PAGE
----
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How to Vote Responsibly

If you’re in the US, we’ve got a little less than a week until the midterm elections. If you’re like I was a few years ago, you might not be overly interested in voting in this election. It’s just a midterm election, right? It’s true, you can’t vote out the Orange One on November 6th. But you can vote out his muscle. Here are six tips for how to vote responsibly:

  1. The first step in voting responsibly is to vote at all.
    Voter apathy is incredibly high in the US, partially because it often feels like our votes don’t matter. It’s true, the popular vote does not always align with the electoral college vote, and it’s true that votes are miscounted and tampered with all the time, but giving up is not the answer either. Politicians know that voters feel a sense of hopelessness about their representation. In fact, they depend on it. If voters are too dejected to engage in politics, they will fail to see what a difference they can really make, and crappy politicians get to stay in office. Recent politics suggest that the US needs a major political overhaul, and resisting within the system won’t make the radical changes that need to be made in order to uphold justice for all—but refusing to vote won’t do that either.
  1. Double-check everything for election day ahead of time.
    Make sure you’re registered, look up your polling location and hours, confirm a means of transportation, and make sure you bring any necessary documents to confirm your ability to vote. All of these requirements differ based on your state, or even your county, so don’t make any assumptions. Look it up.If you don’t have a car or access to public transportation, there’s no need to panic. Lyft and Uber have both teamed up with non-profit organizations to help people get to the polls through free and discounted rides. Find more details on how you can access a code for a free or discounted ride to the polls with Lyft and with Uber at these links.
  1. Determine the five political issues that are most important to you.
    Do not pick one issue. Do not pick two issues. Pick at least five issues that you are invested in. Focusing on only one or two issues allows the politicians to pander to niche interests and sway you to their side, even when you disagree with the majority of their beliefs. It’s okay to not know five issues you really care about off the top of your head—I certainly didn’t the first time I did my research and really voted responsibly. Start by simply Googling something like “political issues 2018,” or perusing websites like Ballotpedia.
  1. Once you know what you care about, look up what the candidates care about.
    It’s important that this step come after the previous one. The problem with researching the candidates before you know which issues are important to you is that you can get swept up in the fishbowl of political drama if you don’t know what grounds you. You don’t want the crappy things they do in their personal lives (the things that prove they’re human, not things like sexual assault or domestic violence) to get in the way of electing the most qualified candidate to represent your expectations for your government.Once you feel confident in what issues are most important to you, carefully research each candidate. In most states, you can access a sample ballot that perfectly matches what you’ll see on election day on your state’s government website. I also recommend checking out Ballot Ready, a website that generates a voter guide that includes all the offices and issues being voted on for your address, explains different candidates’ positions on various issues, and succinctly explains what each political office actually does. You can also find your polling location through Ballot Ready, if your state government site isn’t working.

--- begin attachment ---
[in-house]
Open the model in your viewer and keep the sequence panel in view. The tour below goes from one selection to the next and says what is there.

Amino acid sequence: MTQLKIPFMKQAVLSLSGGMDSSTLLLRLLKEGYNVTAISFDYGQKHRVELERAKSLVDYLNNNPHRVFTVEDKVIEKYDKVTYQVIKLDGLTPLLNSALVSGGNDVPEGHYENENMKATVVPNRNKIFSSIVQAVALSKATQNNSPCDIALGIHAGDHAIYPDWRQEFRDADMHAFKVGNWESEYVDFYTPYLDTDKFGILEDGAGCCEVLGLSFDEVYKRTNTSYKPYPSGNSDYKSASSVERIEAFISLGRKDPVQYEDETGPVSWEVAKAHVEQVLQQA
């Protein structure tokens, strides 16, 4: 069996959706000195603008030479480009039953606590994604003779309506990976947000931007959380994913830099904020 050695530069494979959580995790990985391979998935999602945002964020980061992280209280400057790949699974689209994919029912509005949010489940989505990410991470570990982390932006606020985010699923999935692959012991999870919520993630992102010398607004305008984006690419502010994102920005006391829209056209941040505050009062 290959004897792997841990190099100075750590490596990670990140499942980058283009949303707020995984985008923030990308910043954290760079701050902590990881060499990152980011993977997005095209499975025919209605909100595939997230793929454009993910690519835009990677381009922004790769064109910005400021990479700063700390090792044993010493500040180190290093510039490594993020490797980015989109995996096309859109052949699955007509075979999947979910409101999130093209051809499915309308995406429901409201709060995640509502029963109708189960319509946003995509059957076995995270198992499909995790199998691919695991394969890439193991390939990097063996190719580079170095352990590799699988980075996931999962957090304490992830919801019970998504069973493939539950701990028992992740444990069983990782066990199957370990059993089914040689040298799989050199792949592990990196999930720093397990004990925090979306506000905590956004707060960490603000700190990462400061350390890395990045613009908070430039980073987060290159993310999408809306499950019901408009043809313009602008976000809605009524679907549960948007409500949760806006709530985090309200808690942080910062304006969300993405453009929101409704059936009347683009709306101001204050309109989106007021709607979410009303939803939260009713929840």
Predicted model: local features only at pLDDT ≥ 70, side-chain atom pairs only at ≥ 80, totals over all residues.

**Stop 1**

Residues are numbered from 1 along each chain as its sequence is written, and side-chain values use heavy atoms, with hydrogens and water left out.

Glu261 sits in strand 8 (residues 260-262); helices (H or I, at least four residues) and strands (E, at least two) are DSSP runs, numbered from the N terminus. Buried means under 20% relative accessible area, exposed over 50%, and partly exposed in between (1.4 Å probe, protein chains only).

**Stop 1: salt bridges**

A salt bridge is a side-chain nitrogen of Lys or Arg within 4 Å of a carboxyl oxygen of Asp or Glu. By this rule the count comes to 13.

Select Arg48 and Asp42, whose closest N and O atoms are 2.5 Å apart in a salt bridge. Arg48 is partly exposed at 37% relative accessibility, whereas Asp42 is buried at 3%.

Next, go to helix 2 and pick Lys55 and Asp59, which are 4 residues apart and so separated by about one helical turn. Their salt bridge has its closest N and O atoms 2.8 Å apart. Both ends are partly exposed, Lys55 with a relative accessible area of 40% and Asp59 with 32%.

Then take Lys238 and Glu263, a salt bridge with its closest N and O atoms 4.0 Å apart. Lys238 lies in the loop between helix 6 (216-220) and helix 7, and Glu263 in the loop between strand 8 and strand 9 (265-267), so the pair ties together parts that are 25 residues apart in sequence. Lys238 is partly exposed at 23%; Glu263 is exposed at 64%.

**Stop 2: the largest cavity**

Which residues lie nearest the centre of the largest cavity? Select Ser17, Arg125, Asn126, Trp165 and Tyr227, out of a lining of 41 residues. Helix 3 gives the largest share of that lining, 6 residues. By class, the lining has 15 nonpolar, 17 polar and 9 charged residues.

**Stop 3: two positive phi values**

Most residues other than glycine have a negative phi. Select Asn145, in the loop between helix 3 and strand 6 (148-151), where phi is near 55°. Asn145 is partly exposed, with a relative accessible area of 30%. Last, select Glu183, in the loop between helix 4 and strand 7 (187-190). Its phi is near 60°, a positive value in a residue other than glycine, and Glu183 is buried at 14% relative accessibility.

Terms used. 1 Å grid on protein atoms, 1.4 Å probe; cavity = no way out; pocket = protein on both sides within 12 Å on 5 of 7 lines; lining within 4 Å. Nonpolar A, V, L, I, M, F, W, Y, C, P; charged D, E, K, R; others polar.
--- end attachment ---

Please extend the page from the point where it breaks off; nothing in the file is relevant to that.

1. Bring a cheat sheet.
    As with all other voting laws, the rules on cell phone usage differ based on which state you’re voting in. Some states allow you to use your phone, so you can simply look up a candidate if you forget which one you wanted to vote for, but other states have a no-cell-phone policy, and some can even charge you with a misdemeanor for using your phone in the polling place. You can find out your state’s policies and laws about cell phone usage at the polls using this link, but just in case, I recommend bringing a cheat sheet. On a sticky note or small piece of paper that can be easily folded into your pocket or purse, write the offices and issues on your ballot and how you want to vote for each one.
  1. Finally, double-check your choices before submitting your ballot.
    Whether you have a paper or electronic ballot, double-check your choices before submitting. If your polling location uses paper ballots, you just need to make sure you didn’t color in the wrong bubble. But if you’re voting electronically, there are two issues you need to look out for. The first is similar to the paper ballot issue: make sure you didn’t click the wrong button. But even if you’re absolutely sure you selected the correct candidate, or if you opted to vote “straight ticket” Democrat or Republican, you still need to make sure all of your choices are correct on the confirmation screen. For many years, voters have reported issues with the electronic systems changing their votes. Whether this is an innocent, albeit serious, technological error or an intentional manipulation of election results, it’s important to double-check your ballot before submitting.

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